For over 30 years Texas-based distribution company Reel Media International has distributed movies and series that have fallen into the public domain. That is, film and TV content that has lost copyright protections.
We began with less than 100 films, but now have 6,000 titles in our library. So what are the benefits and potential problems of having a public domain library to supplement what international distributors already have?
Public domain films can be real “evergreens” if they have recognizable stars. There are people who love to watch these films over and over again, and the movies are typically family friendly.
How do you know if a film is in the public domain? Just because someone has it on a list or someone says it is isn’t enough. In fact, that could result in a future lawsuit. We recognized this at an early stage and began paying for copyright searches to be done at the Library of Congress. Yes, these are expensive, and we have paid for over 15,000 copyright searches over the years, but we did what we had to do to be on the right side of the law.
There are many public domain films out there, but the quality of the master is sometimes less than perfect. Over the years, if we found a better film print or master, we would buy it in order to have the best possible quality. We’ve upgraded some titles as many as four times.
Just because a foreign film might be in the public domain in the United States, odds are high that it is not internationally. For many years, the copyright laws in the United States were different from those in Berne Convention Countries (like Belgium, Germany, France, Italy, etc.) until the U.S. finally signed the Berne Copyright Treaty in 1989.
Under U.S. copyright law prior to the mid-1900s, a film print had to be sent to the Library of Congress with the filing of a standard form. But there were production companies that simply never filed for a copyright, and so the film went into the public domain. Sometimes the production companies forgot to put a copyright notice at the beginning or end of a film, and with no copyright notice, when the film prints left the lab, it was automatically in the public domain.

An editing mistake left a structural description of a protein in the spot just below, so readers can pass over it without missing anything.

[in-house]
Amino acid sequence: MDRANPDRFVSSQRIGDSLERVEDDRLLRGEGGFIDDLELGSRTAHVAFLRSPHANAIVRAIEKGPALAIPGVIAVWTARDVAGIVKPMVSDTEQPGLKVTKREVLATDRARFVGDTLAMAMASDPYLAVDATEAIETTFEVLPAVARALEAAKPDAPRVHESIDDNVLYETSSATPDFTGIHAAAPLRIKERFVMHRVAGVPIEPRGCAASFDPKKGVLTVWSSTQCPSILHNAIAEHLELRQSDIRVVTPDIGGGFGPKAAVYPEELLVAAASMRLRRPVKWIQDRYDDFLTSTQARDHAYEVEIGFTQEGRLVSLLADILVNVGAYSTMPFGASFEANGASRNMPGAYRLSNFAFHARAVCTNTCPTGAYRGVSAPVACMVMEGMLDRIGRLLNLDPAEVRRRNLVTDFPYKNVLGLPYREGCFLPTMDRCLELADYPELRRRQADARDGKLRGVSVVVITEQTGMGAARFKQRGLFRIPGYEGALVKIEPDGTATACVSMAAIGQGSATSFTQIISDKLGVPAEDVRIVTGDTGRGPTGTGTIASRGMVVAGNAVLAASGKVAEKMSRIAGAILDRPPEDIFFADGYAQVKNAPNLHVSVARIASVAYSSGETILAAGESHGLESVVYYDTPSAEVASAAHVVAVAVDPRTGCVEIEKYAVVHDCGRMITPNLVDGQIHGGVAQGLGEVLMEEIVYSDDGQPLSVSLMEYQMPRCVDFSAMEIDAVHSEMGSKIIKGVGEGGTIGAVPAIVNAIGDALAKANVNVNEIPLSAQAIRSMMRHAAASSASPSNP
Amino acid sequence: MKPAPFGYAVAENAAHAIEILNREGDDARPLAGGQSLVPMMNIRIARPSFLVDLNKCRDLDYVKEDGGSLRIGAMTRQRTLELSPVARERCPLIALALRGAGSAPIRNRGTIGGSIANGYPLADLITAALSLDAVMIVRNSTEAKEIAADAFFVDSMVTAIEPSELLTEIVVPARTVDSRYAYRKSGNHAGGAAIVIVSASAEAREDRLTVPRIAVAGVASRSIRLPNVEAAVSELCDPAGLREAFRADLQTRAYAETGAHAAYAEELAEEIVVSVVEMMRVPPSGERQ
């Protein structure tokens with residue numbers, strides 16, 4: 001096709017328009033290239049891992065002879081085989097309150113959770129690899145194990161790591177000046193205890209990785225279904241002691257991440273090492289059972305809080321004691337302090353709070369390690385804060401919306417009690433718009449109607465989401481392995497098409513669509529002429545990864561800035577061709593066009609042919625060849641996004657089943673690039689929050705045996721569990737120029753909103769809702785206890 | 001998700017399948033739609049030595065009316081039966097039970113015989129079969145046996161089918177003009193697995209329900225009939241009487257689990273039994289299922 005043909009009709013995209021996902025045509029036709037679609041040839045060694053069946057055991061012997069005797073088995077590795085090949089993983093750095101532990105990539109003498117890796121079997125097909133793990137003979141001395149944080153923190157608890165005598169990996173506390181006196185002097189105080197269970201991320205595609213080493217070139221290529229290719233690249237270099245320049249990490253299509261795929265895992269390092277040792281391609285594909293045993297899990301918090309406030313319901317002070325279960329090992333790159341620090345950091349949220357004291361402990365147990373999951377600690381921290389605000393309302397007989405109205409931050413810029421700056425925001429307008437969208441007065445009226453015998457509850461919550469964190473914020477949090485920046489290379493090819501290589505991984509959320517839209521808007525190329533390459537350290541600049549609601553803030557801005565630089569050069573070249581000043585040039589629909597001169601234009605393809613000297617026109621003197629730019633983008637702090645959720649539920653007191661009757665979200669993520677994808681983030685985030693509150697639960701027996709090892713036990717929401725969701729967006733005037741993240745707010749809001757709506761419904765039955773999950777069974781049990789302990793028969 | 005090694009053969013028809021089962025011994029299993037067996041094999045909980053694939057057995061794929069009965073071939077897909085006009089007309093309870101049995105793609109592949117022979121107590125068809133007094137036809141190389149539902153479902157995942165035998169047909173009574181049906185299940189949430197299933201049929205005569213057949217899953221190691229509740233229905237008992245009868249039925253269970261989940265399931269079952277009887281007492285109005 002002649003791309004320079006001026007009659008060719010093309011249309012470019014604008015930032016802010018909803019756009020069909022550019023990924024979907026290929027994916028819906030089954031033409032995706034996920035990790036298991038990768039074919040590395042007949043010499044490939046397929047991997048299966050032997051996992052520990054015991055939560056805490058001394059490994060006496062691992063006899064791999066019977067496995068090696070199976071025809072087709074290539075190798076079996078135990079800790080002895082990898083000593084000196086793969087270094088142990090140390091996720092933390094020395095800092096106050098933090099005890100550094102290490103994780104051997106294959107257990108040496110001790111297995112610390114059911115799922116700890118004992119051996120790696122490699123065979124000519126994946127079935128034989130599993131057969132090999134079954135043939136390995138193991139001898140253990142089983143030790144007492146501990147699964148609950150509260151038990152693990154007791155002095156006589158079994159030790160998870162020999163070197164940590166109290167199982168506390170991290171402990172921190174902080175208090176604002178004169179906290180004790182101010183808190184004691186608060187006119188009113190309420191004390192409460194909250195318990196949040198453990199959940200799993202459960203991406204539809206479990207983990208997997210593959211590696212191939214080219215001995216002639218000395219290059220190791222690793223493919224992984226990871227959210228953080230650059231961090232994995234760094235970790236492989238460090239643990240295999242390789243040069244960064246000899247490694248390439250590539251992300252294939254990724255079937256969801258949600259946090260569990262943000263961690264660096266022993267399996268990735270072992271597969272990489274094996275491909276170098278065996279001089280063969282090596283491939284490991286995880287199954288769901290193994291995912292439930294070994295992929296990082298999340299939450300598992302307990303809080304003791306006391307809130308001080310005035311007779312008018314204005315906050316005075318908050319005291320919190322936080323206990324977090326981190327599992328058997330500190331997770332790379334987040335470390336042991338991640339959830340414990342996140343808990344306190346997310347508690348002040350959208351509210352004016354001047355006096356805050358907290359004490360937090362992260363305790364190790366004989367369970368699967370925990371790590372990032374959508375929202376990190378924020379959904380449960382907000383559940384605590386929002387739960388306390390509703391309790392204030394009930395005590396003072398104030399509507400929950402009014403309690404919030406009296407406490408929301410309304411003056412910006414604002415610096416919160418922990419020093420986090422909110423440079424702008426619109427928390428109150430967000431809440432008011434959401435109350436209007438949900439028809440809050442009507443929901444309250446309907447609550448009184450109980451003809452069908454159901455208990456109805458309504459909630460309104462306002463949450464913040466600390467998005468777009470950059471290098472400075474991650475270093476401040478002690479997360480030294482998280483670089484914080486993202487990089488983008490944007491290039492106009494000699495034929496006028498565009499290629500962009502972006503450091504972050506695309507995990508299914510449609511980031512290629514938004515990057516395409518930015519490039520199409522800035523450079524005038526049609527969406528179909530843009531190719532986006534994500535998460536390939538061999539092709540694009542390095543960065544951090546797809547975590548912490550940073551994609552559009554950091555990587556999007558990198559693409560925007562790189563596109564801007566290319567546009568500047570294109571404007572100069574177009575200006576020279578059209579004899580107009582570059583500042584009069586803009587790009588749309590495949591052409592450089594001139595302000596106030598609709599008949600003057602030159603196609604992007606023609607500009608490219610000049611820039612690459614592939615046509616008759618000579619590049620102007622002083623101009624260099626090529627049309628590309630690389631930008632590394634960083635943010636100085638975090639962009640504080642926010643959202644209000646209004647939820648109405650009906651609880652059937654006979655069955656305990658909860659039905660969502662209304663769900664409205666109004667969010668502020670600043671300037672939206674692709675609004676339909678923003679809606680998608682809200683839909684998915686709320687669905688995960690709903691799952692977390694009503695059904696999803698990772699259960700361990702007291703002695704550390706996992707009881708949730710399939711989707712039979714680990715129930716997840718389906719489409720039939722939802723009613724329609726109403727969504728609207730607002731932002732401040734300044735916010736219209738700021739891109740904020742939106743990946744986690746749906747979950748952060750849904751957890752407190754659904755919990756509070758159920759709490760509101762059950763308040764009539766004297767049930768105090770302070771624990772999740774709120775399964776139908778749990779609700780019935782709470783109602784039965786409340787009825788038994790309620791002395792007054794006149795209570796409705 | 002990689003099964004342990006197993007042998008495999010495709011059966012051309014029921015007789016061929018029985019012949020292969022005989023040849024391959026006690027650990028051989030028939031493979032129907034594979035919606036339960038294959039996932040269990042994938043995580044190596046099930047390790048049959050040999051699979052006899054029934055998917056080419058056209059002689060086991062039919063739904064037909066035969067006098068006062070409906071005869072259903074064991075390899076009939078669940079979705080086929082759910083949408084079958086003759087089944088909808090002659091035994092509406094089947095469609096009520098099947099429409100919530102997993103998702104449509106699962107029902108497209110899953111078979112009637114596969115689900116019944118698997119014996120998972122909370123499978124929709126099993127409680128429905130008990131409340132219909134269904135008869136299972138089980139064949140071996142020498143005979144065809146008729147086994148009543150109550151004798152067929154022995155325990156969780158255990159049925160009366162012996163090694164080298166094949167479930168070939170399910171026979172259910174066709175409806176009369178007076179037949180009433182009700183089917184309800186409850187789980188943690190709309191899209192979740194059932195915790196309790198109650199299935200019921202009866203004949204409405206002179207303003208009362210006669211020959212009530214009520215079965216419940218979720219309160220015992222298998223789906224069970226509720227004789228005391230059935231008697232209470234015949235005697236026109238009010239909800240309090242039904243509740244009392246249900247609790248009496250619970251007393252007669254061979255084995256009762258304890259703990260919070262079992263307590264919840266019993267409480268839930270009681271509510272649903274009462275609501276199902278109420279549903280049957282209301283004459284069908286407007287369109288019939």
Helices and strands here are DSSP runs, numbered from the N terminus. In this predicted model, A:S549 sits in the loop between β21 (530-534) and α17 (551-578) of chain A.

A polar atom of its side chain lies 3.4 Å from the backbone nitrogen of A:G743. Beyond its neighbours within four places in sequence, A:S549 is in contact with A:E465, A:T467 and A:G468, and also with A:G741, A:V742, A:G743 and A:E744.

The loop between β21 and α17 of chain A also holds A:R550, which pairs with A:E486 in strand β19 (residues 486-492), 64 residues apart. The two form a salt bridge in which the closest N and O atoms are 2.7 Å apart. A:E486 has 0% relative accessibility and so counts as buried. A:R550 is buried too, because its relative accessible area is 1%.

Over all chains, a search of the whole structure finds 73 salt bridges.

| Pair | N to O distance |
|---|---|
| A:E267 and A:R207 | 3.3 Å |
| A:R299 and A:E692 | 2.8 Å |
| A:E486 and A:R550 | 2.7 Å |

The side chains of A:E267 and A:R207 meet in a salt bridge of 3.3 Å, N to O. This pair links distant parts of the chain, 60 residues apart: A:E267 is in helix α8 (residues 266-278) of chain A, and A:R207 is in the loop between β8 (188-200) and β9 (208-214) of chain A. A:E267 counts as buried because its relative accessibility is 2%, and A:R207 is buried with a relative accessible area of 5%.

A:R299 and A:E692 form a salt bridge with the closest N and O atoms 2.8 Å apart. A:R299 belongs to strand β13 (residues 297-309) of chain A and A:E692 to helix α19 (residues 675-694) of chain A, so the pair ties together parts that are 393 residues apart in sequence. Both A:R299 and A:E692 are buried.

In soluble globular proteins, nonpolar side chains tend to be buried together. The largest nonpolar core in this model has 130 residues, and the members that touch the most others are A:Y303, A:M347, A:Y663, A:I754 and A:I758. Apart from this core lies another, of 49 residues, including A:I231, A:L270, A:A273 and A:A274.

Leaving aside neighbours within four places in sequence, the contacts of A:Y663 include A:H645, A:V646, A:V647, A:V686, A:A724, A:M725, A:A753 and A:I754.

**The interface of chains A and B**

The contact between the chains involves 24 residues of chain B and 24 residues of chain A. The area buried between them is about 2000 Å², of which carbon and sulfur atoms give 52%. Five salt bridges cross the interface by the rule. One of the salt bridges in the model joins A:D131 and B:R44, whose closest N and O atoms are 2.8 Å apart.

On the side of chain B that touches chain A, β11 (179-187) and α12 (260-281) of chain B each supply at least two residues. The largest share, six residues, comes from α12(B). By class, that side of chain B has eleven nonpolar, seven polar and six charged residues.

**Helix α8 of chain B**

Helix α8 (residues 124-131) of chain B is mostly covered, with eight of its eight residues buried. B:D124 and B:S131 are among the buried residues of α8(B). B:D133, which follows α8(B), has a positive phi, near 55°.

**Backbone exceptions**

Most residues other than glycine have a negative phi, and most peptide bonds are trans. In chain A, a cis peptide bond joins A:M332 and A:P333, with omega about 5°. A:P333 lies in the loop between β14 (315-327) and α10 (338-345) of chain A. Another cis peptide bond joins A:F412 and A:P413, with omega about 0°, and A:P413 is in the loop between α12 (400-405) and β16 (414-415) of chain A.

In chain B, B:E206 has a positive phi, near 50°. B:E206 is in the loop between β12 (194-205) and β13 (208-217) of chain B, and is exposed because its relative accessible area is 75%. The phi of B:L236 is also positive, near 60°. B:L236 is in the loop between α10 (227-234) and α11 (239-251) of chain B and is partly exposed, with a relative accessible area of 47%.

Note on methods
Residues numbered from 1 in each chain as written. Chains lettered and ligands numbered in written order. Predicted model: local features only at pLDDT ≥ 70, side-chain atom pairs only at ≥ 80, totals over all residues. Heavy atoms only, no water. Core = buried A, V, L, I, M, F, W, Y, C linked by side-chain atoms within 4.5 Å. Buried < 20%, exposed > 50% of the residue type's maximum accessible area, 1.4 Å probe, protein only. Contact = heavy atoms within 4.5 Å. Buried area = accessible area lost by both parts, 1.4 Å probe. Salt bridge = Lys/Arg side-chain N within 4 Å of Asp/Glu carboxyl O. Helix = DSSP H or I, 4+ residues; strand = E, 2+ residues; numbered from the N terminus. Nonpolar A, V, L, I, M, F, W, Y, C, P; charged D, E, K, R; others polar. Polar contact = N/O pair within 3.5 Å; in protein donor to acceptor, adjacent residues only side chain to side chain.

If they did file for a copyright, they had to renew the copyright prior to January 1 of the 29th year after the release of the film. Many production companies either forgot or had ceased business by that time. Many felt that it was not worth it to renew the copyrights on low-budget Westerns, but our company has around 470 Western movies and 28 TV series that boast such stars as John Wayne, Randolph Scott, and Roy Rogers.
Starting in 1964, if a film had never been formally registered for a copyright, the copyright could be filed anytime in 95 years from the copyright notice that was placed on the film (without registration).
Here again time plays a part. Many production companies only produced one or two films and then folded. Or the producers are no longer alive to deal with all of this stuff.
U.S. copyright laws changed again in 1979. If someone filed prior to 1979 and wanted compensation from, let’s say a company that was selling or showing the film, they would have had to pay their own attorney’s fees. Practically, what we saw was simply a notice to cease selling the film, or they would agree on royalties from that point forward.